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Sometimes insights emerge about what customers are really buying, which may not be what you think you are selling them. For example the apocryphal tales of the beer that was bought only because the empty can made an excellent oil lamp in Africa; the bookstore that found nobody returned the voucher placed deep inside the Booker Prize-winning novel because in reality people bought it to leave on their coffee table to impress their friends. Such unsettling observations help you to see things from the customer’s point of view. Ask yourself: What do you know about your current customers, lost customers and target customers? What would you ideally like to know? Devise a way of finding out.

Promotion is actually just one aspect of the marketing mix but it’s what people often mean when they use the term ‘marketing’ as shorthand for advertising, public relations (PR) or other channels of marketing communications including direct mail and attending trade shows. All of these are essentially about getting the right message to the right people in the most effective way, emphasising benefits not features. Operational marketing is always limited by budgets and that budget can be very small indeed, especially for new creative businesses. Sometimes, however, the cheapest is the best – word of mouth recommendations for example – so encourage this to happen and reward it when it does. Mando Group gives a percentage commission for recommendations that lead to new work. Viral Marketing, used extremely effectively by Hotmail to advertise itself at the bottom of messages as emails zoom around the Internet is also used by Online Originals as their e-books are sent between friends sharing works of literature. By adopting an attitude to customers as partners rather than passive targets, interactive forms of marketing come to mind. For example websites that people can engage with (not just read) and printed materials that invite a response all treat customers as active participants. Rather than thinking of expensive and relatively untargeted mass marketing (which in any case would be inappropriate for most creative businesses) turn this approach on its head and decide which single customer would be perfect if you could only have one. Then track down this ideal customer, then find one more, then another and so on. In conclusion, marketing is not a magic dust that can make anything sell. The magic of marketing works when you put customers at the centre and build your enterprise around their needs.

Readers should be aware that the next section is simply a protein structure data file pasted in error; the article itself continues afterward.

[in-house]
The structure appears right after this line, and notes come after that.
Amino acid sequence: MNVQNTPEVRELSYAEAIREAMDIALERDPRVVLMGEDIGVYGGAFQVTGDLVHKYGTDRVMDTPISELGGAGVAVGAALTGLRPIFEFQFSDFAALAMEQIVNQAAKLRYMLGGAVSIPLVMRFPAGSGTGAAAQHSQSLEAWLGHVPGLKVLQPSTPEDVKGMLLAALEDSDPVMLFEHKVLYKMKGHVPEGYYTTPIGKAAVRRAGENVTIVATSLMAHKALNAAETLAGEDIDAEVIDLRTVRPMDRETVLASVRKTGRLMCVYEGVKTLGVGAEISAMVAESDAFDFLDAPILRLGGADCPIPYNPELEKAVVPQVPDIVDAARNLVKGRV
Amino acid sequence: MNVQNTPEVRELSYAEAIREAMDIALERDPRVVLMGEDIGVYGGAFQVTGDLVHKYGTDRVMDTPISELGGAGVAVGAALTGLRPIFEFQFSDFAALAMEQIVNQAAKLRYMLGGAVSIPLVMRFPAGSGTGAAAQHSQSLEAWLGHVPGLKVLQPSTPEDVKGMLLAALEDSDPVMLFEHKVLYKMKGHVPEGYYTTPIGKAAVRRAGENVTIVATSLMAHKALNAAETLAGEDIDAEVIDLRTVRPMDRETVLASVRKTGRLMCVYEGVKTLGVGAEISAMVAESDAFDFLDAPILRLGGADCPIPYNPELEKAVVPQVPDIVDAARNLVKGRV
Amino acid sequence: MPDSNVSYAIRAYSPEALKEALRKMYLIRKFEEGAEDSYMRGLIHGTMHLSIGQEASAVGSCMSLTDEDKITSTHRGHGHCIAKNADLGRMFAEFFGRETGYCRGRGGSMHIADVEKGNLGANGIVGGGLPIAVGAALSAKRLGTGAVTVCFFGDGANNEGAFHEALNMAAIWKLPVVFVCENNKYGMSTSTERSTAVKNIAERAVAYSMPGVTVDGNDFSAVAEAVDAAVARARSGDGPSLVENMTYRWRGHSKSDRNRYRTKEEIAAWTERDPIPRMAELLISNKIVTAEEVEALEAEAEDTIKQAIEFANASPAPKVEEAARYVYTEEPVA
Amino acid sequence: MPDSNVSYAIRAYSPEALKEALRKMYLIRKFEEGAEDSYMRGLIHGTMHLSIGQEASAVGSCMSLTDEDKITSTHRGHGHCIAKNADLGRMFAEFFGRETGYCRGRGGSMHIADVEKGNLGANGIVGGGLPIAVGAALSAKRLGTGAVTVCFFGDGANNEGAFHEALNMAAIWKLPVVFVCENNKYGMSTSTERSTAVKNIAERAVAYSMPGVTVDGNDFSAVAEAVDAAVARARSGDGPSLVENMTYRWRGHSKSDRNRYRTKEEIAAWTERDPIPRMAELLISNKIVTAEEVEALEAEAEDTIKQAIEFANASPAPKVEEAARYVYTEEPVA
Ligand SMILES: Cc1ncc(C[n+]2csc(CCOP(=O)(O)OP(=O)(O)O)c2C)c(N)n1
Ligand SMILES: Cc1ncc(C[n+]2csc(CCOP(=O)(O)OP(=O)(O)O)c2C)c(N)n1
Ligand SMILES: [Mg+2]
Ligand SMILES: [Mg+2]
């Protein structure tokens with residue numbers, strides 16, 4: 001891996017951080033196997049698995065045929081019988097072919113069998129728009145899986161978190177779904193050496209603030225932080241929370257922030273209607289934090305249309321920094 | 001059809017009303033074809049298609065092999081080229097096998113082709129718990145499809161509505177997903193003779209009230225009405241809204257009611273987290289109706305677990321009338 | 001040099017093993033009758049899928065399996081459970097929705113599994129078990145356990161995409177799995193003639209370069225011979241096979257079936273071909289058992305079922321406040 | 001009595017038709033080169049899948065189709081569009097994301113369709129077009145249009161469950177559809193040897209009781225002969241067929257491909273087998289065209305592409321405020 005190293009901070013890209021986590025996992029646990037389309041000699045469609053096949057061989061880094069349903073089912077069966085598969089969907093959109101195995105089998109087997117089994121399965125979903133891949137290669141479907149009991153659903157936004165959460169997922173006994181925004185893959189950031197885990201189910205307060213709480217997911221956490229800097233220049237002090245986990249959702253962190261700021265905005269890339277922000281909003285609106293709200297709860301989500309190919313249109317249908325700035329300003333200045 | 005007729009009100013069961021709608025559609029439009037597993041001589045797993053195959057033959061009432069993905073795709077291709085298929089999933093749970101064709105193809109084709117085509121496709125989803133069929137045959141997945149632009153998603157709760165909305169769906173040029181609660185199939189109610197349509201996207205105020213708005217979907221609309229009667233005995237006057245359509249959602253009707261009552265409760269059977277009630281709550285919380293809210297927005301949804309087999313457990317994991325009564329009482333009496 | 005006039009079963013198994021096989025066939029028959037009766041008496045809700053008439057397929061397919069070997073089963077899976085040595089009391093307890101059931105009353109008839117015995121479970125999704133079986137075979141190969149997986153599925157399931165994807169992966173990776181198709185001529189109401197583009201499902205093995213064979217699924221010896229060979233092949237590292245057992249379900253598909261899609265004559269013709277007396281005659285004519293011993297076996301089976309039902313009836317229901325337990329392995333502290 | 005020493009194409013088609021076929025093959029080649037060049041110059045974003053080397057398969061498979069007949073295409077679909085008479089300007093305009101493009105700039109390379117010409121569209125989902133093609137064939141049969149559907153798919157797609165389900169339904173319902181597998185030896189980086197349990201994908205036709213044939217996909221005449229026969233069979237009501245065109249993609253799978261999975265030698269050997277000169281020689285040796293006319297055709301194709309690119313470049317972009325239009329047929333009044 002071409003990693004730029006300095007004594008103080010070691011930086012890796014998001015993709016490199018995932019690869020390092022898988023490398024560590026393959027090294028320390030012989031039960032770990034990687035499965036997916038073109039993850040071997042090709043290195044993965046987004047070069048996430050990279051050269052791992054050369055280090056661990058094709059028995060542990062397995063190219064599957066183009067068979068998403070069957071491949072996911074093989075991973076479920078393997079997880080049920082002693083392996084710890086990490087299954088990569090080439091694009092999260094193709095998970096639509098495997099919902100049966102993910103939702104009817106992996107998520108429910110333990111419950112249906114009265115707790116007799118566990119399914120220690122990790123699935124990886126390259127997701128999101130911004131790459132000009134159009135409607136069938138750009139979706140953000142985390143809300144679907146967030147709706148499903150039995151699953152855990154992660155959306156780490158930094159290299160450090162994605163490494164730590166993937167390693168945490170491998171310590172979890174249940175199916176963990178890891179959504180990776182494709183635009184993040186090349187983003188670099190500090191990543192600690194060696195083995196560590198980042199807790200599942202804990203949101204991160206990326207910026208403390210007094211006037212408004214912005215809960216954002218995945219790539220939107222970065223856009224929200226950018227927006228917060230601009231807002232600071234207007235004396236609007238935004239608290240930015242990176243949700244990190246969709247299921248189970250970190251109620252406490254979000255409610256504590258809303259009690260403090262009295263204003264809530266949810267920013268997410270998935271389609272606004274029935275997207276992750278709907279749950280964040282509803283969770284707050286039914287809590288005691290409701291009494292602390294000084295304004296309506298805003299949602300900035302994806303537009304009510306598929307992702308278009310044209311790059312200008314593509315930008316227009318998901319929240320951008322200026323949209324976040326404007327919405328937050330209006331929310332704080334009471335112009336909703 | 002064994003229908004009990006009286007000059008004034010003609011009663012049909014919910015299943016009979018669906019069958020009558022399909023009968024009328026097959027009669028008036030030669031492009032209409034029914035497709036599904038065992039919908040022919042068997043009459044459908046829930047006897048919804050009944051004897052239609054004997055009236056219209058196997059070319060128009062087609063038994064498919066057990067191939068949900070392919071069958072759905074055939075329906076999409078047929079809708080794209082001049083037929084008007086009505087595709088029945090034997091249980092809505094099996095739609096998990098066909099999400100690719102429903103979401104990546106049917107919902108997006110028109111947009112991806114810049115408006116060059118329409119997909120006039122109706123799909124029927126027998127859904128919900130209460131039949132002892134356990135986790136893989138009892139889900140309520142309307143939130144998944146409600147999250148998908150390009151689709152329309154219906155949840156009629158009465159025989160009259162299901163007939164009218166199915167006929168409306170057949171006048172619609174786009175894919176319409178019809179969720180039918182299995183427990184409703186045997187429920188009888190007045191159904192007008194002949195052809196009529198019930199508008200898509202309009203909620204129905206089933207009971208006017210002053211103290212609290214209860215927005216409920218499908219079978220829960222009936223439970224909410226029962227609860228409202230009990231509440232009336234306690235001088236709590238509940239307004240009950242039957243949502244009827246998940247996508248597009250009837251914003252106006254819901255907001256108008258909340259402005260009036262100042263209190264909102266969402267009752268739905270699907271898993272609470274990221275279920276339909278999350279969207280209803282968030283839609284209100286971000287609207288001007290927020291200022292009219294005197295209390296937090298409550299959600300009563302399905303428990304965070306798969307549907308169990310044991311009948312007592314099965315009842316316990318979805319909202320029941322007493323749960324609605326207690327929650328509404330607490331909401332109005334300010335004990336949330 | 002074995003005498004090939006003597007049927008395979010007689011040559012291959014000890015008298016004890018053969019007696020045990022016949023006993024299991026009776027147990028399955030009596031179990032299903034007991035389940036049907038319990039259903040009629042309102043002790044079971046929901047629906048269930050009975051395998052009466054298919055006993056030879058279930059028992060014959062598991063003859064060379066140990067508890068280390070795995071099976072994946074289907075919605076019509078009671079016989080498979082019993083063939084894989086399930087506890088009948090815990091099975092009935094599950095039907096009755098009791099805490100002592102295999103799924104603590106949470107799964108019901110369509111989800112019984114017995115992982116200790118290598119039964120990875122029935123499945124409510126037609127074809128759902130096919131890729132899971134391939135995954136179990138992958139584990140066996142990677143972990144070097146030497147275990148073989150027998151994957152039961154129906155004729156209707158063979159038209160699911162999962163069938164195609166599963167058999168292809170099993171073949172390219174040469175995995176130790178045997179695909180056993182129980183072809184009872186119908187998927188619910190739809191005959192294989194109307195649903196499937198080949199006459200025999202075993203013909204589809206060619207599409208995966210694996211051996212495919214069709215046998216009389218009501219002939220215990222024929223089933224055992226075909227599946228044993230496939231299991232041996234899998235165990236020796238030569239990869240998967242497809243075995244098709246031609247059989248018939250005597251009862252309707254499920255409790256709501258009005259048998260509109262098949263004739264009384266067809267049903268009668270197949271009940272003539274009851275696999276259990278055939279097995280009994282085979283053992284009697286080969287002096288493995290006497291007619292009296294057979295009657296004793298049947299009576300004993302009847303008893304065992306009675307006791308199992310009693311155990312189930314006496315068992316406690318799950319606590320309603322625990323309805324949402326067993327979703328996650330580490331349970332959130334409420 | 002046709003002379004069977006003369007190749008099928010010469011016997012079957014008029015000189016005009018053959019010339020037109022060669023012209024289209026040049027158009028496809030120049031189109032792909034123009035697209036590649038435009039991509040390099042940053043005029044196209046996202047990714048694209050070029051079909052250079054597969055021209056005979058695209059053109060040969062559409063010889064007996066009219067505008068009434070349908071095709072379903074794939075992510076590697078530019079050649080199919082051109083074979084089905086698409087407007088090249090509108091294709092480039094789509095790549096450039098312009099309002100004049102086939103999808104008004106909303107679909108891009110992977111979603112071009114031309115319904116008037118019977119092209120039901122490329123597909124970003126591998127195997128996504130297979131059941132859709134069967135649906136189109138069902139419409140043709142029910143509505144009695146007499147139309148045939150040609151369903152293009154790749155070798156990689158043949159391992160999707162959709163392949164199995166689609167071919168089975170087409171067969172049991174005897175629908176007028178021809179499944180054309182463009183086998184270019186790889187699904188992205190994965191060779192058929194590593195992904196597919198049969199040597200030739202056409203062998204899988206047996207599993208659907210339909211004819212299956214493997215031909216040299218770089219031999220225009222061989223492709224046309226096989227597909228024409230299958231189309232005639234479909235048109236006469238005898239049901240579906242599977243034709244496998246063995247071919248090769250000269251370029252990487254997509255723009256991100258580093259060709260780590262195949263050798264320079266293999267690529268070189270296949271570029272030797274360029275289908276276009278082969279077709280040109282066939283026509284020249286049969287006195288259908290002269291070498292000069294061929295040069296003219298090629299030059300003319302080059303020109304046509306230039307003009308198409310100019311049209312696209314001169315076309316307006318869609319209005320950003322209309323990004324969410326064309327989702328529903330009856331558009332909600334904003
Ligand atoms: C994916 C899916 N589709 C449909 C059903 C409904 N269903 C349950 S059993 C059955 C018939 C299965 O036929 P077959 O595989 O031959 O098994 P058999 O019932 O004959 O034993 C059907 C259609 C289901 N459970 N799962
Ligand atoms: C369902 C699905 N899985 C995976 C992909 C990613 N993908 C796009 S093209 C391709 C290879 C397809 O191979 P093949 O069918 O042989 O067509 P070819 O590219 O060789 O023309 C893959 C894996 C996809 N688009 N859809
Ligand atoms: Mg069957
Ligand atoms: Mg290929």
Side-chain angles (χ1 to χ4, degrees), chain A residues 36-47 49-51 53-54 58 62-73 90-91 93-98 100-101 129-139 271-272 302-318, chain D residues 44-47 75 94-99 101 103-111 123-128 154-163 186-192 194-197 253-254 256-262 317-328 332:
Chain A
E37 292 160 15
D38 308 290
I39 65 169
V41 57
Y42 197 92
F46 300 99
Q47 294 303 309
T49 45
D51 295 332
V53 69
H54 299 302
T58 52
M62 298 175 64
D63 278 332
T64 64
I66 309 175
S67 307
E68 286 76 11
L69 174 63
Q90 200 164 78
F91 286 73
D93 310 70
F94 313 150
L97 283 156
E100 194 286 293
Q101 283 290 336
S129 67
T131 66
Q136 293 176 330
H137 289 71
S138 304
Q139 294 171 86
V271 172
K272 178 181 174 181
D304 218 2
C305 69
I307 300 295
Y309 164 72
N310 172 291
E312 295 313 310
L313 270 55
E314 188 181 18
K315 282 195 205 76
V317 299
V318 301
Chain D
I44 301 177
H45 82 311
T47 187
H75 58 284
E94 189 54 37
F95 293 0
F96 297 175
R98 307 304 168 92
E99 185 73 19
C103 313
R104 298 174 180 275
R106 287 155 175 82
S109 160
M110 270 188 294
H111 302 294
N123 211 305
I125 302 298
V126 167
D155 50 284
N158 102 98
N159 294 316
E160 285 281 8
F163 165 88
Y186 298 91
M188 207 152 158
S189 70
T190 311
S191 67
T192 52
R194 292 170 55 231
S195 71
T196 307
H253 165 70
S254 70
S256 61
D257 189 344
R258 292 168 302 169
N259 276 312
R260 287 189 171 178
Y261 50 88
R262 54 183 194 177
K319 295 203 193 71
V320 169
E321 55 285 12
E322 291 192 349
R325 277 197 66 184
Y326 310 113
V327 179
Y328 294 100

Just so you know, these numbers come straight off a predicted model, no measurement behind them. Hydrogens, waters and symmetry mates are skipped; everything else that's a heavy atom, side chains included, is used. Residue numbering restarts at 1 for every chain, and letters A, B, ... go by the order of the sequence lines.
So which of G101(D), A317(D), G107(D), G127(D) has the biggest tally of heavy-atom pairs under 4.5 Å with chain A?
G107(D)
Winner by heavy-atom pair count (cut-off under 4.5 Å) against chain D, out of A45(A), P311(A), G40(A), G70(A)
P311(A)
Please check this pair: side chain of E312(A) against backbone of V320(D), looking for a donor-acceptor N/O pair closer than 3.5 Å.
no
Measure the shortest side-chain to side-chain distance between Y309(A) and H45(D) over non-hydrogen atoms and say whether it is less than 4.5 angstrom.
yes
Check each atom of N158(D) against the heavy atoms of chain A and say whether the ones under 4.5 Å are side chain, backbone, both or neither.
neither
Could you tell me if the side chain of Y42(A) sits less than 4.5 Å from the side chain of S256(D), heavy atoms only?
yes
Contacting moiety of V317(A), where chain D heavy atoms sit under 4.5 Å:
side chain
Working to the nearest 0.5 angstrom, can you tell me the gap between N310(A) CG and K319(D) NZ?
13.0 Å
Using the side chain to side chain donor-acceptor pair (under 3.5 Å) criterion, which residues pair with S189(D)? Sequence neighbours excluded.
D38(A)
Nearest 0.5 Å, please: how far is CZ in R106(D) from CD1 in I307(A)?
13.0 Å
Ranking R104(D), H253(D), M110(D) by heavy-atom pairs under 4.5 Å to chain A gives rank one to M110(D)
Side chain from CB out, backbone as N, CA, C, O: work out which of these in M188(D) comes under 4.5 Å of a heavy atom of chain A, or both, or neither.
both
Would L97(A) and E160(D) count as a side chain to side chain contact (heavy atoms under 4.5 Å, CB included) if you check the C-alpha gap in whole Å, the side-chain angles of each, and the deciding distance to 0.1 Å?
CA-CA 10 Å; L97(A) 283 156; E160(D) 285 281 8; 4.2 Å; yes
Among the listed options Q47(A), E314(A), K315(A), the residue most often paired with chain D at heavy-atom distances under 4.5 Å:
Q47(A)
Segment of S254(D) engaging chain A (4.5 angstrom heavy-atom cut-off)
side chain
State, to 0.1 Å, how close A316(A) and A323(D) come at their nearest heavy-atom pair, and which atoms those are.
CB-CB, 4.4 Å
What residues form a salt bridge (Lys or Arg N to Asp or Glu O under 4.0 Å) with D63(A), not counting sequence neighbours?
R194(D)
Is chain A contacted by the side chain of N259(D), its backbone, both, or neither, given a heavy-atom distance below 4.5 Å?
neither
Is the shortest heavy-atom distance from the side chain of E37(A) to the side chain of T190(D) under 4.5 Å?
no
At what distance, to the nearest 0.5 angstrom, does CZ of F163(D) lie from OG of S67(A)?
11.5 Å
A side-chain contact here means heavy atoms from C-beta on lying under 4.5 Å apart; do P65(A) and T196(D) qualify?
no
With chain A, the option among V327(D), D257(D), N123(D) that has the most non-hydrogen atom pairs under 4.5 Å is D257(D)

Operational Marketing